7 Culinary Vacations That Should be on Every Foodie’s Bucket List

These seven culinary capitals attract hungry travelers

The best way to take part in Creole tradition is to attend one of the New Orleans’ food-themed festivals.


Taking in a city’s sights and sounds is first and foremost for many travelers, but sampling a destination’s local cuisine is right up there. Culinary vacations and food festivals have exploded into a popular travel trend, and these seven U.S. cities can help you cover plenty of ground in terms of flavors, fusions and food budgets.

Enjoy a heavy helping of rich culinary history in New Orleans, Louisiana

Gumbo, jambalaya, red beans and rice—the Cajun and Creole culinary traditions of New Orleans have made a mark on food lovers for centuries. The state’s humid subtropical climate is ideal for an array of produce, and the Gulf of Mexico and other nearby waterways offer a bounty of delectable seafood. In addition to its diverse restaurants and unique local fare, the Big Easy also regularly hosts food-centric festivals. Each fest features a beloved local dish or ingredient, like Creole tomatoes and oysters in the summer and po’boys and mirlitons (a hearty, pear-shaped squash) in the fall.

Relish the classics in Chicago, Illinois, or explore its diverse food culture

The Windy City lays claim to many iconic foods: deep-dish pizza, Italian beef sandwiches and Chicago-style beef hot dogs, to name a few. Chicagoans’ ardent pride in their cuisine has even led to popular rivalries over who does it better; Giordano’s and Lou Malnati’s fight over the belt for best deep dish, for example. But visitors can also feast on a worldwide range of foods; there’s jaw-dropping sushi and omakase (where you leave the choice of sushi up to the chef), and there are fusion concepts such as Latin-Indian and Macanese, a blend of Chinese and Portuguese dishes and flavors.

Sample flavors from around the world without ever leaving New York, New York

From cronuts to rainbow bagels, New York City has one of the country’s most eclectic (and inventive) culinary cultures. Photo Credit: foap.com

It’s no secret that New York City is an international food mecca, with options that include the familiar (Pizza and hot dogs, anyone?), the exotic and the eclectic (rainbow bagels, chocolate pasta and Cronuts, for starters). Visitors can find various pockets of the city where certain cultures have collected over the years, such as Little Italy or Chinatown. Finally, there are massive international food markets like Chelsea Market or Eataly, a veritable amusement park for Italian food and wine fans.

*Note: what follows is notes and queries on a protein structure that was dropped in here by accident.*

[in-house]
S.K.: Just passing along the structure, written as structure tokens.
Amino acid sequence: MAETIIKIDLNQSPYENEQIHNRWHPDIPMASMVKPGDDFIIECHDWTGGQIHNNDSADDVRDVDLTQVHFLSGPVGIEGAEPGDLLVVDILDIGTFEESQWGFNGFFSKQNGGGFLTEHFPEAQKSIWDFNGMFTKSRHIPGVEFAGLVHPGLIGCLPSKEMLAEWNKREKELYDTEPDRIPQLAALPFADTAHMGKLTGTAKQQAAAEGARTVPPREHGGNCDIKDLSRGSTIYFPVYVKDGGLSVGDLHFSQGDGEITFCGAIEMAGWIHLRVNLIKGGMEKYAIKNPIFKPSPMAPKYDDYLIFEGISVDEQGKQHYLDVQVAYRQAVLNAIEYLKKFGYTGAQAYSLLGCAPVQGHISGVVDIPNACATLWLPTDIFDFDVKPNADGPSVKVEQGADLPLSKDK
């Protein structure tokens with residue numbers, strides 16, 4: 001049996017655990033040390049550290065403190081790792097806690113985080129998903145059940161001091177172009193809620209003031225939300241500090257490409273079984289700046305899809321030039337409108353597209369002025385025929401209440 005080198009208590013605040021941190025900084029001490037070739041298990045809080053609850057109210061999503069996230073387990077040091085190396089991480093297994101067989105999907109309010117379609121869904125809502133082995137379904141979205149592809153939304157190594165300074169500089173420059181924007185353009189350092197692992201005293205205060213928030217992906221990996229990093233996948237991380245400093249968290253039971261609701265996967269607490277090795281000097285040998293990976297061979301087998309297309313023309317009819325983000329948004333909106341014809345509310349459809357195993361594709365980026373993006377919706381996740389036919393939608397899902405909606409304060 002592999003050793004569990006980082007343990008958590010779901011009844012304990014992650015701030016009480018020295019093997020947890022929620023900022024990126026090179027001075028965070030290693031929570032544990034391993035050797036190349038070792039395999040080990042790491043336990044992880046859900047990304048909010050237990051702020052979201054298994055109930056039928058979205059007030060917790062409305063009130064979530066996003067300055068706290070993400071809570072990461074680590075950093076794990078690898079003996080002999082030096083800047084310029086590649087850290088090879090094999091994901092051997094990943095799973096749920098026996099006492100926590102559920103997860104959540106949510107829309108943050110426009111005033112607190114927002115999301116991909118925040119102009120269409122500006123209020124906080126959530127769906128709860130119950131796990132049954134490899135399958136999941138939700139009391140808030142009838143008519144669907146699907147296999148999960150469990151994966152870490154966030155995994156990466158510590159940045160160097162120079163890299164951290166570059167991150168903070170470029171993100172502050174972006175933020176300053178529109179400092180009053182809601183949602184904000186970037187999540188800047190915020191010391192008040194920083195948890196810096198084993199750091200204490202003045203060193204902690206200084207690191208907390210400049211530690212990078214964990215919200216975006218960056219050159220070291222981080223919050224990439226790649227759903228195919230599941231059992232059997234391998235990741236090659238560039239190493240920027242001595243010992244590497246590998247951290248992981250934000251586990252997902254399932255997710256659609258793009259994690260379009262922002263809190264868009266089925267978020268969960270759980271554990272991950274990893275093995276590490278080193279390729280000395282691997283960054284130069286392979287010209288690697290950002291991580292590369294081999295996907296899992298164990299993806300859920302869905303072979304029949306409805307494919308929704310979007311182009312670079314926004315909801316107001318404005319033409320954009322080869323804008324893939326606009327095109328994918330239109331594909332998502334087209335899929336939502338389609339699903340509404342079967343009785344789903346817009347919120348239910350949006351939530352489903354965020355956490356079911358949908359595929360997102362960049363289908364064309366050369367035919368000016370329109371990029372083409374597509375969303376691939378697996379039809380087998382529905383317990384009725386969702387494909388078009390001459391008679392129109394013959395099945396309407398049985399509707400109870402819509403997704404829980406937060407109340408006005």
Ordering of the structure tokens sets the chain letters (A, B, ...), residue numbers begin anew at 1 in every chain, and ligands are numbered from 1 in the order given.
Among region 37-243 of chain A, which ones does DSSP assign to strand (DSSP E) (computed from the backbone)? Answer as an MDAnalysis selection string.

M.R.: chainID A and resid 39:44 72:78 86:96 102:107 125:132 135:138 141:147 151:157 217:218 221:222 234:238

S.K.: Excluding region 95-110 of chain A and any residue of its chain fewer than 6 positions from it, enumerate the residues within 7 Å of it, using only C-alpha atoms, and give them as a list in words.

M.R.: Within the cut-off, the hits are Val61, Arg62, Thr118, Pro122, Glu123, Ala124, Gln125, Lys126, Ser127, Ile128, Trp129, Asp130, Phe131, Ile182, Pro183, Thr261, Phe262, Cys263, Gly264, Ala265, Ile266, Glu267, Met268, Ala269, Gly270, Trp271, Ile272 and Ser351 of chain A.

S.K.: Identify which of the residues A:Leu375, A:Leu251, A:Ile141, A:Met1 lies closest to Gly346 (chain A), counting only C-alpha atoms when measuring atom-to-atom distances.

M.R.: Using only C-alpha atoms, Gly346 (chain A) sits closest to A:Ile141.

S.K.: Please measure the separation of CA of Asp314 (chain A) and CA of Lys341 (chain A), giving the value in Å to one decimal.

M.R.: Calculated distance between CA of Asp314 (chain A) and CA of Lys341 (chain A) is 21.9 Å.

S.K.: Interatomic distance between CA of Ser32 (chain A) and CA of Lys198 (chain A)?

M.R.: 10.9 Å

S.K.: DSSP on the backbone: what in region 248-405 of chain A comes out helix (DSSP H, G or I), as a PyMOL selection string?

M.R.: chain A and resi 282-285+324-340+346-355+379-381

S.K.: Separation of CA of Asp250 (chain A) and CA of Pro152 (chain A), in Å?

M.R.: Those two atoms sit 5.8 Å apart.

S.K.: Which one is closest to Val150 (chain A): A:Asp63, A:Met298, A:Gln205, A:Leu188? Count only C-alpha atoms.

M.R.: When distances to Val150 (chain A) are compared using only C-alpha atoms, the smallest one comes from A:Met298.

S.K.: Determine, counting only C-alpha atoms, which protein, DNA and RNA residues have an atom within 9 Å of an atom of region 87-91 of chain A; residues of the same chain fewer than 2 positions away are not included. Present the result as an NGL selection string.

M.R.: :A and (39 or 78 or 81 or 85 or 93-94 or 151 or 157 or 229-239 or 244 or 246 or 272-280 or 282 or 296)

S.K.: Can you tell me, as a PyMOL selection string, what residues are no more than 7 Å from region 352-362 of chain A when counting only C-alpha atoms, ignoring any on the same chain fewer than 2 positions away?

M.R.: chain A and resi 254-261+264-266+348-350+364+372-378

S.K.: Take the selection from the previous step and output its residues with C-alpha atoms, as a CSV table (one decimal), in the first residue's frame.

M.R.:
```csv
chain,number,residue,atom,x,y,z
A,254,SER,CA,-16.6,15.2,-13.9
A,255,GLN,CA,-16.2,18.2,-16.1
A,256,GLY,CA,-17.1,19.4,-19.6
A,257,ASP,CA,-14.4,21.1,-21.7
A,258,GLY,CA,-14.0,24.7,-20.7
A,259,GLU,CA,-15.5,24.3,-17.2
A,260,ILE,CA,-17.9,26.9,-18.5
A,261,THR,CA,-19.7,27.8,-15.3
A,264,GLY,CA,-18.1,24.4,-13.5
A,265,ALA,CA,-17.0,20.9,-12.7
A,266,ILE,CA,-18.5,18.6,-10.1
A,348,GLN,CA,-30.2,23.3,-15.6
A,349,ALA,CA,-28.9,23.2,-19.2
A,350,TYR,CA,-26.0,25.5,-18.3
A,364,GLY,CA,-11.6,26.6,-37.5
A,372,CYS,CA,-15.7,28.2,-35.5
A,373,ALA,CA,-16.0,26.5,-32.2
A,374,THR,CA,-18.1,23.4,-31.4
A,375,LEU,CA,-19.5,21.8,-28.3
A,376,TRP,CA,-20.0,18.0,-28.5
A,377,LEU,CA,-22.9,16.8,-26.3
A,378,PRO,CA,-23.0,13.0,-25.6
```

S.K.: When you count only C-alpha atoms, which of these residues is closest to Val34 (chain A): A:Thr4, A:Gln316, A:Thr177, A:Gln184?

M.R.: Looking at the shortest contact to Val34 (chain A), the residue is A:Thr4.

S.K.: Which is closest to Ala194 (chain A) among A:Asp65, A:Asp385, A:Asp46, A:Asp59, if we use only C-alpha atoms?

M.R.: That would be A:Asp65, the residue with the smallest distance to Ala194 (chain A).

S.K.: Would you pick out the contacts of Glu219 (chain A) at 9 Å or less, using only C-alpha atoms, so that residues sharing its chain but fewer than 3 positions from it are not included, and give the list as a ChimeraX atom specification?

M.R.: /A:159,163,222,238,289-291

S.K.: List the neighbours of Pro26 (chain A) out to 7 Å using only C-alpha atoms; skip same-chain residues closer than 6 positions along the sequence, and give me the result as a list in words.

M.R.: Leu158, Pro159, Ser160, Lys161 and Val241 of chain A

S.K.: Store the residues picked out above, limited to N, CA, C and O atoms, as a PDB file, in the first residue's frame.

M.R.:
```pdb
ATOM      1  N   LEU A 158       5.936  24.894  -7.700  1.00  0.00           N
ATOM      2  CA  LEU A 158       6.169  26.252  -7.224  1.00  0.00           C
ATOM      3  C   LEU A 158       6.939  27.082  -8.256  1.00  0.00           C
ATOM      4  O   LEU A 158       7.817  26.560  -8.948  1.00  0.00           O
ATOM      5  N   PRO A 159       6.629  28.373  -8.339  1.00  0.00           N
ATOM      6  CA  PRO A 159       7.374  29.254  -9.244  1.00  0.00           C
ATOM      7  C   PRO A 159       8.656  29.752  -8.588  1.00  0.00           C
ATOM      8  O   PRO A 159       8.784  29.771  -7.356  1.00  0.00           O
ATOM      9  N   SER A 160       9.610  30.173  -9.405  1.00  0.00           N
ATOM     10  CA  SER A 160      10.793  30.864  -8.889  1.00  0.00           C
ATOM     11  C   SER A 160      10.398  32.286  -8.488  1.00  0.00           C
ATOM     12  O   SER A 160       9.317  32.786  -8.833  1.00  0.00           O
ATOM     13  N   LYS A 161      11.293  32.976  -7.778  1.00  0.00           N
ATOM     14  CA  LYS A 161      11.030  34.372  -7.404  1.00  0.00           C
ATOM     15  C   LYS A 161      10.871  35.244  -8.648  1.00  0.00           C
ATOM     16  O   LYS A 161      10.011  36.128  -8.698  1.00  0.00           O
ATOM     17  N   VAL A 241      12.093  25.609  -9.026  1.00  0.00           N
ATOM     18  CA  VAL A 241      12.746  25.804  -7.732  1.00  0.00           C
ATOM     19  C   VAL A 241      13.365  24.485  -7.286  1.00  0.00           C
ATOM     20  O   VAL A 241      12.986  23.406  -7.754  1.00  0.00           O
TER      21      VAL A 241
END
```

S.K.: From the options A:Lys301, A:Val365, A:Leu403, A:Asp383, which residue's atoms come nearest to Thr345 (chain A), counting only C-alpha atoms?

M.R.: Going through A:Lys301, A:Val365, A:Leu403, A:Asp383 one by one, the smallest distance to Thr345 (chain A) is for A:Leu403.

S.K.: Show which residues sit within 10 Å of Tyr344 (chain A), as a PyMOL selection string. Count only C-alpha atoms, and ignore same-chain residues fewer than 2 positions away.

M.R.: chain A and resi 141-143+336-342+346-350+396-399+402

Capitalize on legendary barbecue and Tex-Mex in Austin, Texas

Taste your way through the legendary barbecue scene of Austin, Texas. Photo Credit: foap.com

Regularly voted one of the best barbecue cities in America, Austin is a Texas food landmark. Over the past decade, in particular, the city’s barbecue scene—really, its culinary culture as a whole—has both evolved and exploded, making way for newcomers and classic eateries alike, including local favorites like Franklin Barbecue and La Barbecue. Experts often credit Austin for popularizing Tex-Mex food, too. But Austin also offers a wide range of exciting concepts beyond its staples; check out the Asian-style broths and desserts at Ramen Tatsu-ya, or the Argentinian specialties at Buenos Aires Cafe.

Discover the magic of pizza farms in Springfield, Missouri

While many of Springfield’s most popular restaurants are grills and steakhouses, the city continues to expand its offerings with more farm-to-table and vegetarian-friendly spots. And Springfield has latched onto the pizza farm craze—farmers make and sell pizzas from ingredients grown on-site or nearby—that’s sweeping the country’s breadbasket. Millsap Farms hosts a weekly pizza club between May and October where guests can dine on a buffet of pizzas cooked on-site in a wood-fired earthen oven.

Munch on a heaping plate of hot chicken in Nashville, Tennessee

Nashville may be best known as Music City, but its reputation as a food scene is growing. From down-home Southern fare to fine dining, its restaurants cater to all tastes and budgets. But the city may be best known for its specialty, hot chicken—fried chicken coated with cayenne pepper and other spices—that appears on menus citywide. It’s traditionally served with white bread and pickles at hot spots like Hattie B’s Hot Chicken and Bolton’s Spicy Chicken and Fish. Just make sure to have a cold beverage nearby.

Feast on West Coast seafood and more at eco-friendly establishments in Portland, Oregon

This Pacific food stop is the hometown of James Beard, champion of American cuisine. It remains dedicated to a host of American and international dishes, and it’s committed to protecting the environment through citywide eco-friendly practices. Portland capitalizes on its prime location, situated along two major rivers, with an array of fresh seafood and local fish joints. Don’t miss Cajun-Creole seafood at Acadia and yummy ceviche dishes at Paiche. Grab a beer from one of Portland’s many local microbreweries to wash down your meal.

Ready to travel? Find hotels in New Orleans, Chicago, New York, Austin, Springfield, Nashville, Portland.




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